Makes me want to puke. For a couple of reasons. One, it's the pinnacle of hypocrsy for you to even HAVE an opinion about how I or anyone else lives out their Christian faith if you are so timid in your own! Two, the mere fact that you can divorce "witnessing" from the rest of your life is astounding to me. It really IS all about what you know with you, isn't it?

People who know me know I am a Christian, a Democrat, from a small town, have an interest in history -- and many other things, NOT because I dropped a tract on their desk, or "witnessed" to them about being a Democrat, or announced at a service that I'm from rural Oklahoma, or because I tried to "win" their "soul." They know these things about me because I live them, talk about them, shape my world view by them and never hide my light under any bushel no matter what that light is.

Gah! Gah again!


Sunday, November 04, 2007


'Beyond the Bones of Jesus'

I've been meaning to put this up since last Easter, when the James Cameron "documentary" was all over the news. I figured somebody would eventually put it online. No? Then allow me -- with a hearty AMEN.


By Robin Meyers
Senior Minister
Mayflower Congregational-UCC Church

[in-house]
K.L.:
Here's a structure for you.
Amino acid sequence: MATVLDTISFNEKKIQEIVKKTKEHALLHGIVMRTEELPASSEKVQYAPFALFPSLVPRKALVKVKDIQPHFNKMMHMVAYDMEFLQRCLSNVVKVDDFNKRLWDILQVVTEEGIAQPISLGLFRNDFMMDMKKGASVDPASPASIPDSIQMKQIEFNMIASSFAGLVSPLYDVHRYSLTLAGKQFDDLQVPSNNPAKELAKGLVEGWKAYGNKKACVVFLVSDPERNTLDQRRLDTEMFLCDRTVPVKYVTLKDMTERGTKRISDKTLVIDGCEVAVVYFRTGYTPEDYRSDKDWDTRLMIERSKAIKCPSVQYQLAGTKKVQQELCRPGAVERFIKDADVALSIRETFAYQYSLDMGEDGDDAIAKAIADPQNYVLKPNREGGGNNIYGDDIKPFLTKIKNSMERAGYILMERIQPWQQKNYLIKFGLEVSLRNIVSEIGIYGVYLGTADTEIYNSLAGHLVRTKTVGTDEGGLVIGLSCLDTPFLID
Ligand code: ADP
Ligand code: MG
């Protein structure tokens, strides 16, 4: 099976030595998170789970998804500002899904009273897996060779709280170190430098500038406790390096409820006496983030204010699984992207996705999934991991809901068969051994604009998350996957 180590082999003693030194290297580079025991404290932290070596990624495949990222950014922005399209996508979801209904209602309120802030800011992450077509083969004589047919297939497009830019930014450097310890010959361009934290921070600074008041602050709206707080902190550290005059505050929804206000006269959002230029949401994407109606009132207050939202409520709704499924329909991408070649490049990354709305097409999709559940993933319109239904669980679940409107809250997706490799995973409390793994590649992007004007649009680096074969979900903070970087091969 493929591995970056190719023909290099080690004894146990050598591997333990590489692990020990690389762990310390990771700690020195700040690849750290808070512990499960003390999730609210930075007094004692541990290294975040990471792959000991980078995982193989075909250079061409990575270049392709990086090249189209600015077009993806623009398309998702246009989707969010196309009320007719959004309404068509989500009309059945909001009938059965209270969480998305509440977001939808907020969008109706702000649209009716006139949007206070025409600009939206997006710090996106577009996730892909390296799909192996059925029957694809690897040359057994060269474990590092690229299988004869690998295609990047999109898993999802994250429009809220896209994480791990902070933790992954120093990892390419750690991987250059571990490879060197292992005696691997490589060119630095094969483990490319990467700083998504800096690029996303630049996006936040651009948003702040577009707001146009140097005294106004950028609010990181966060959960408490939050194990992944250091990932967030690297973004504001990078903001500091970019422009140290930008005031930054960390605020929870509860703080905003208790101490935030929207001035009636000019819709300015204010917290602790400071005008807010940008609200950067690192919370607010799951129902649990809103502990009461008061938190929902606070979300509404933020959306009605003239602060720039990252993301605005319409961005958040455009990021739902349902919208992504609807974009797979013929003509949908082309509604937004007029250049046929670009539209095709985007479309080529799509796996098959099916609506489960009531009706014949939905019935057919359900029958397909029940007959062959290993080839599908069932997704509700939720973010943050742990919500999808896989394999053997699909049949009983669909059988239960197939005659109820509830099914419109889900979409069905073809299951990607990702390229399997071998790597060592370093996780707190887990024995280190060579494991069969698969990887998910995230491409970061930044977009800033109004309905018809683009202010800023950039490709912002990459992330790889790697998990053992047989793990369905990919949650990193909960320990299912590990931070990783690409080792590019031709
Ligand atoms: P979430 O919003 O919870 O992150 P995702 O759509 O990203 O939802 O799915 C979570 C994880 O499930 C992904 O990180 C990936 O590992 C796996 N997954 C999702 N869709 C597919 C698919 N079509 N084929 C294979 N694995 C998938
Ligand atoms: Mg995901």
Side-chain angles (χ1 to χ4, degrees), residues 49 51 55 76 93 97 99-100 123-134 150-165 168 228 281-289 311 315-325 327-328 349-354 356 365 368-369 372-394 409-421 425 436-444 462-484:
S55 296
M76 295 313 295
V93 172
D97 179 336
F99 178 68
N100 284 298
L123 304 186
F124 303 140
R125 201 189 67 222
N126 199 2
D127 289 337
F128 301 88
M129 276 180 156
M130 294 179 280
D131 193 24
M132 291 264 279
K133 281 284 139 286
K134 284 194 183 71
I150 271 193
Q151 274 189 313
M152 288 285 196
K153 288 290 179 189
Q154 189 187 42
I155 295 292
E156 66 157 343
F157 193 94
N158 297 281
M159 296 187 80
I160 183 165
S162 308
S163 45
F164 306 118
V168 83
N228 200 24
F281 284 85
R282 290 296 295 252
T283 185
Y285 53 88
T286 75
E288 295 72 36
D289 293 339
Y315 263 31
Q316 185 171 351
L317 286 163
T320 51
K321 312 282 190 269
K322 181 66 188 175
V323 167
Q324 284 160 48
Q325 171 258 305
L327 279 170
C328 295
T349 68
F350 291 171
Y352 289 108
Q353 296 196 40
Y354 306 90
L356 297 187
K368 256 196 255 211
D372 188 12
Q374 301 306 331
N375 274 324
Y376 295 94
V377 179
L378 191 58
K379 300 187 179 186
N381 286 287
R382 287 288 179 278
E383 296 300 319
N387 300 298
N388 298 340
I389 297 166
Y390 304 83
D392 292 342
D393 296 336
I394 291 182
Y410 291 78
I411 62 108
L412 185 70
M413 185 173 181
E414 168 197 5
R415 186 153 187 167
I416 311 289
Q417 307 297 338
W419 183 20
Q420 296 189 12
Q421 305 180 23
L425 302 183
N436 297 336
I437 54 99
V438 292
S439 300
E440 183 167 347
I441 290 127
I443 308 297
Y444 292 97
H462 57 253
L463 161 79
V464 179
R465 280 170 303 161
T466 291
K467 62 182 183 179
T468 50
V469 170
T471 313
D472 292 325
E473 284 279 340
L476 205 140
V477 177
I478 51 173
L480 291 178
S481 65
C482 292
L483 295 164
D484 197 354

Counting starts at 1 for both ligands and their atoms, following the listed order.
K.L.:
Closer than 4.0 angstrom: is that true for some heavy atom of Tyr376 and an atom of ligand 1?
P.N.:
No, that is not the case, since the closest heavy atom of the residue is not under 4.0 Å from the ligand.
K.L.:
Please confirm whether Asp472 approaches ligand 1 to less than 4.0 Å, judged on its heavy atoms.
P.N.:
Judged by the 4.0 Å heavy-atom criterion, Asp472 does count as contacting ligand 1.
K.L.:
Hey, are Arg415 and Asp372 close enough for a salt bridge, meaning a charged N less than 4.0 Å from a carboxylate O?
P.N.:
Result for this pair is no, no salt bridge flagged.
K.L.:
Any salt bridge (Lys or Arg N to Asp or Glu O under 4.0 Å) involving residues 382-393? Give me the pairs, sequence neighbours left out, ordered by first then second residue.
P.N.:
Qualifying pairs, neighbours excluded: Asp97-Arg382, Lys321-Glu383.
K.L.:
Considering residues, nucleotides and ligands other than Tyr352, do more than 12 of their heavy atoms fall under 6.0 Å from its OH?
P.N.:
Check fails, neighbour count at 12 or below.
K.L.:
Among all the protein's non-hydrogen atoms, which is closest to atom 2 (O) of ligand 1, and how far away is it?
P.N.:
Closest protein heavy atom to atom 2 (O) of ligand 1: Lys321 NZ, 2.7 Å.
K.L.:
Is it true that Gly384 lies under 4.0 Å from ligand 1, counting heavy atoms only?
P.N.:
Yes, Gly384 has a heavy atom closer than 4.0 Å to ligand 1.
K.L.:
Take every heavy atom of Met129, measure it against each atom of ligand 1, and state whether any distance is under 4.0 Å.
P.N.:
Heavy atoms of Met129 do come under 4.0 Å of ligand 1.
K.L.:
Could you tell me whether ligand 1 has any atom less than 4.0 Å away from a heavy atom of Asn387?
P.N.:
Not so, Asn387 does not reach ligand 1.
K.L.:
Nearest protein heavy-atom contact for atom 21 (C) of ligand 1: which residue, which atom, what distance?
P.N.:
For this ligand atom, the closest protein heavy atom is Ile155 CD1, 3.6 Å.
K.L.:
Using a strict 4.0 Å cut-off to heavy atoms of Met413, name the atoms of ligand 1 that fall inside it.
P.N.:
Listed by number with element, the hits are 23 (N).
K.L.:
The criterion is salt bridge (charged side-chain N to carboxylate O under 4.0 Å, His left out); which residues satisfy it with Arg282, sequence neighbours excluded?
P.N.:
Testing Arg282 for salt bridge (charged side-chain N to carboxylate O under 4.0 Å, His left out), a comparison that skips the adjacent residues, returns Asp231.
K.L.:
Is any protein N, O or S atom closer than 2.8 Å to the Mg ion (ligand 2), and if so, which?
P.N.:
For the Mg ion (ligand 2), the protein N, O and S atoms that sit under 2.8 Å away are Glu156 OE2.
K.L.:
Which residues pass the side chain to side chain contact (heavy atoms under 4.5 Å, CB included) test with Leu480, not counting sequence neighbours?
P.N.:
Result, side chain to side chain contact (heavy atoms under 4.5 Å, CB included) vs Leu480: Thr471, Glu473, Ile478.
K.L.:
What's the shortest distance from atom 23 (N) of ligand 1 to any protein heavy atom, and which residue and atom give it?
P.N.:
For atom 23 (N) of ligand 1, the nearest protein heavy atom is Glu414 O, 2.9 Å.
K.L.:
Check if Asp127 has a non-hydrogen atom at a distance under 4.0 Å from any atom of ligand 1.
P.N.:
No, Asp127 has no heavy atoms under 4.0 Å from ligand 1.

(From the March 14, 2007, Oklahoma Gazette)

In case there is anyone out there who hasn't heard yet, filmmaker James Cameron, who gave us such believable movies as "Titanic," has made a new documentary called "The Lost Tomb of Jesus." In it, he claims that several "ossuaries" or limestone tombs unearthed by construction workers in Jerusalem in 1980 once contained the bones of Jesus, Mary, members of Jesus' family, and his son Judah by Mary Magdalene, who had a tomb of her own.

If true, this would contradict the claim that Jesus was bodily resurrected, as most Christians believe -- and that, therefore, Easter is a myth and Christianity is a lie. In the post-"DaVinci Code" world, there is big money to be made in the myth-busting business.

The only problem is, the validity of these claims notwithstanding, Cameron's project will produce what the media always gives us when it practices theology without a license: all heat and no light. Those who base their faith on a physical Resurrection will condemn it, and those who don't, or who are hostile to all religion, will use it to cast doubt on what they have already judged to be ancient superstition. Are you with us, or against us?